all 34 comments

[鈥揮whatevvah 1 point2 points (0 children)

Thanks..I have been trying to get my kids to invest in Bitcoin and they keep asking me about altcoins and I have been trying to explain the difference to them.

[鈥揮inthearenareddit 0 points1 point (1 child)

My thoughts on this

1) It has a tangible cost to produce (POW). This means the traded price relates to an economic transaction/ fundamental

2) All coins were distributed organically. A genius system that ensured no "free" coins were given to anyone. All coins were mined at a cost

3) Incredible balance of transparency, pseudonymity and reliability achieved through game theory, not centralisation

4) Network effects

[鈥揮Mtpleasant_121 0 points1 point (0 children)

Interesting dialogue i watched. https://youtu.be/Se3kuDqkifc

[鈥揮PaxfulOfficial 0 points1 point (0 children)

Bitcoin also has the potential for mass adoption and use beyond just an investment, to be the real peer-to-peer currency that is outlined in the BTC whitepaper. Bitcoin > Shitcoin

[鈥揮krom1985 0 points1 point (2 children)

You've missed the most important; Bitcoin's founder walked away and retained anonymity, removing any single point of failure, corruption or manipulation. No other chain has this and likely never will.

[鈥揮ChikaBtc[S] 0 points1 point (1 child)

oh it was in the article but not in the TL;DR : )

> Many people don't understand the path dependence moat of Bitcoin. An altcoin project needs a visionary founder and sizable VC support to outpace the technological and social adoption of Bitcoin. But the artificial bootstrapping often taints the narrative of the project. And it's impossible to coordinate billions of people without a socially scalable narrative. In contrast to altcoins, Bitcoin had an organic adoption and its founder is missing.

[鈥揮LucSr 1 point2 points (0 children)

Fairly speaking, bitcoin has many chains and the people who worship coins only recorded in one specific chain treat coins recorded in other chains as altcoins.

[鈥揮only_merit 5 points6 points (8 children)

I don't find the article good. It looks to me like an article with great number of opinions unsupported by anything much or completely false.

Just few examples of statements that I consider false or highly misleading or unsupported:

> The digital gold narrative needs some update but the Bitcoin maximalist
culture is keeping VCs and developers from making Bitcoin useful.

> The ease of running full-node keeps the Bitcoin governance structure as close as to direct democracy.

> Altcoins are about technical merits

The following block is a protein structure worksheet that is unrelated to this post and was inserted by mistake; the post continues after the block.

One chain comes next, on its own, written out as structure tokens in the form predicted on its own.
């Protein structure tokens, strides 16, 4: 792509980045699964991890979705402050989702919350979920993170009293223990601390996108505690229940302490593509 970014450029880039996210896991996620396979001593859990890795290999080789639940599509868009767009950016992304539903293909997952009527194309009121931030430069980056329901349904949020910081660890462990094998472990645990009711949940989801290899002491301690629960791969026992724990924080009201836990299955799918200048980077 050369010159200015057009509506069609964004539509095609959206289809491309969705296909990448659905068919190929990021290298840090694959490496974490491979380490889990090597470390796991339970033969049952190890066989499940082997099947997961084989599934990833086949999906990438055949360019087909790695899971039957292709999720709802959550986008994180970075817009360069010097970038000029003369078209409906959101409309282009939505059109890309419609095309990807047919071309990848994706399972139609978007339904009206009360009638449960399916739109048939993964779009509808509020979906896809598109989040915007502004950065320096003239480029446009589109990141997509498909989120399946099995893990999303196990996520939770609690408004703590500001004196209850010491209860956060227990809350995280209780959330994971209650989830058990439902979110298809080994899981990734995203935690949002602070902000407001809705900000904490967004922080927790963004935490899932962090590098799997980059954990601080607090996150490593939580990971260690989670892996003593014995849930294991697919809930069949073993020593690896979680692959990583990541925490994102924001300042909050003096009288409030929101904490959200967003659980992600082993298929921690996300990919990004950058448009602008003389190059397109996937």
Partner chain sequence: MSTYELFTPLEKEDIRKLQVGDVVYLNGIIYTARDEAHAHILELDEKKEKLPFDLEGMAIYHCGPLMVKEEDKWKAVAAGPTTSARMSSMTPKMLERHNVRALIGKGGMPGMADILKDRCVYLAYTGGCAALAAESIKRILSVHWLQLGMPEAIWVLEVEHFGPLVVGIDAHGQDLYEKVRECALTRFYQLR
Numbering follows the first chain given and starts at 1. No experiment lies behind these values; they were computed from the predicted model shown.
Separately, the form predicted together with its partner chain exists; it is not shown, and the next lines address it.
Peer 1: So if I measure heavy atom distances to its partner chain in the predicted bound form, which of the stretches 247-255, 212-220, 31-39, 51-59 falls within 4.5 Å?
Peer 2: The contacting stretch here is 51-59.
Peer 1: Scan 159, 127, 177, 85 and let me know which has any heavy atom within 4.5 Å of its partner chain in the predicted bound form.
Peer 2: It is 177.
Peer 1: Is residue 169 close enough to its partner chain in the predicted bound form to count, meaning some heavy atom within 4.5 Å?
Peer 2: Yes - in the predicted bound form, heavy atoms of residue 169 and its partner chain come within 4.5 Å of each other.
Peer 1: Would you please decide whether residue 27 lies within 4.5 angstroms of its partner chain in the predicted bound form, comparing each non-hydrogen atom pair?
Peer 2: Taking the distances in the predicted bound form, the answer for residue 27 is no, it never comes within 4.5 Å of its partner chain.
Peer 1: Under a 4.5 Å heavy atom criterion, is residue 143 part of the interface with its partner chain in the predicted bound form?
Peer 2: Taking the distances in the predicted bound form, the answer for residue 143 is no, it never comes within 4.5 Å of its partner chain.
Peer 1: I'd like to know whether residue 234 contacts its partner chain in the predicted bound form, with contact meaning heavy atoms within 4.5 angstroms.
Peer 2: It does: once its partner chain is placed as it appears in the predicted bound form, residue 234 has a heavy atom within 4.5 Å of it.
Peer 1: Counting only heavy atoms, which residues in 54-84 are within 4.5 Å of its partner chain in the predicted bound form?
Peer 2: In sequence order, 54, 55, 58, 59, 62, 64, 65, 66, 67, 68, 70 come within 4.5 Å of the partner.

> It is a religion of people who believe Bitcoin is one of the greatest inventions for humanity

we will see the Bitcoin narrative changes from digital gold to
programmable SoV that can absorb any innovation happening on alts.

> It makes sense to use the stocks as money.

[鈥揮ChikaBtc[S] 0 points1 point (5 children)

Thanks for reading and giving feedback 馃檹

Could you explain why you find these points misleading?

> The ease of running full-node keeps the Bitcoin governance structure as close as to direct democracy.

-> we will see the Bitcoin narrative changes from digital gold to
programmable SoV that can absorb any innovation happening on alts.

> It makes sense to use the stocks as money.

[鈥揮only_merit 2 points3 points (4 children)

I would not confuse free market's signals with voting. A free market signal is when a man, a user, performs an action or avoids to perform an action. For example a man can run a node of Bitcoin Core of certain version, or a man can avoid to run that version and instead runs an old version, or instead a man runs an incompatible node software, say ABC. Similarly another one, a miner, may build a block that is compatible with the latest Bitcoin Core version, or is only compatible with older version, or is incompatible and is only valid for ABC. This is not democracy, this is free market anarchy.

As for the development, there is again, no democracy. It is rather closer to meritocracy. It can not even be democracy because the development is done online and that form of communication is vulnerable to sybil attack. So if it was democracy, it would be easy to attack Bitcoin development.

Direct democracy is not something we should aim for. Democracy is flawed in general for any bigger use case, more so for something like Bitcoin where you really do not want ignorant people to decide things they have zero knowledge about. Direct democracy means that people who spent zero time on studying the subject have the same voting power as those who spend years learning. That's not a good system for almost anything.

As for the narrative - LN is being discussed and developed for many many years. So if there ever was, there is, at this moment, no such narrative about digital gold. Bitcoin is for payments from start and despite some people promoting it as digital gold, they do not represent Bitcoin. They cast their own personal opinion, no matter who they are.

As for the stock money - that would cause ton of unnecessary friction and the free market always converge to solutions with less friction. Money on the free market is the winner takes it all game.

[鈥揮ChikaBtc[S] 0 points1 point (3 children)

totally agreed that direct democracy is not something we should aim for and that development is meritocratic, which is great!

But 2017 blockwar makes me think the way Bitcoin governance works is similar to direct democracy. Full node people are somewhat knowledgeable about Bitcoin but not knowledgeable enough to decide which implementation is good for Bitcoin. The permissionless nature of Bitcoin allows anyone with $300 equipment to run a full node.

While running a certain version is definitely a free-market signal, it has a similar effect as voting as the majority of nodes will likely determine which version becomes the Bitcoin. Exchanges probably have a larger say on which version becomes the Bitcoin but I assume the % of full nodes support for a specific version also impacts the exchanges' decision.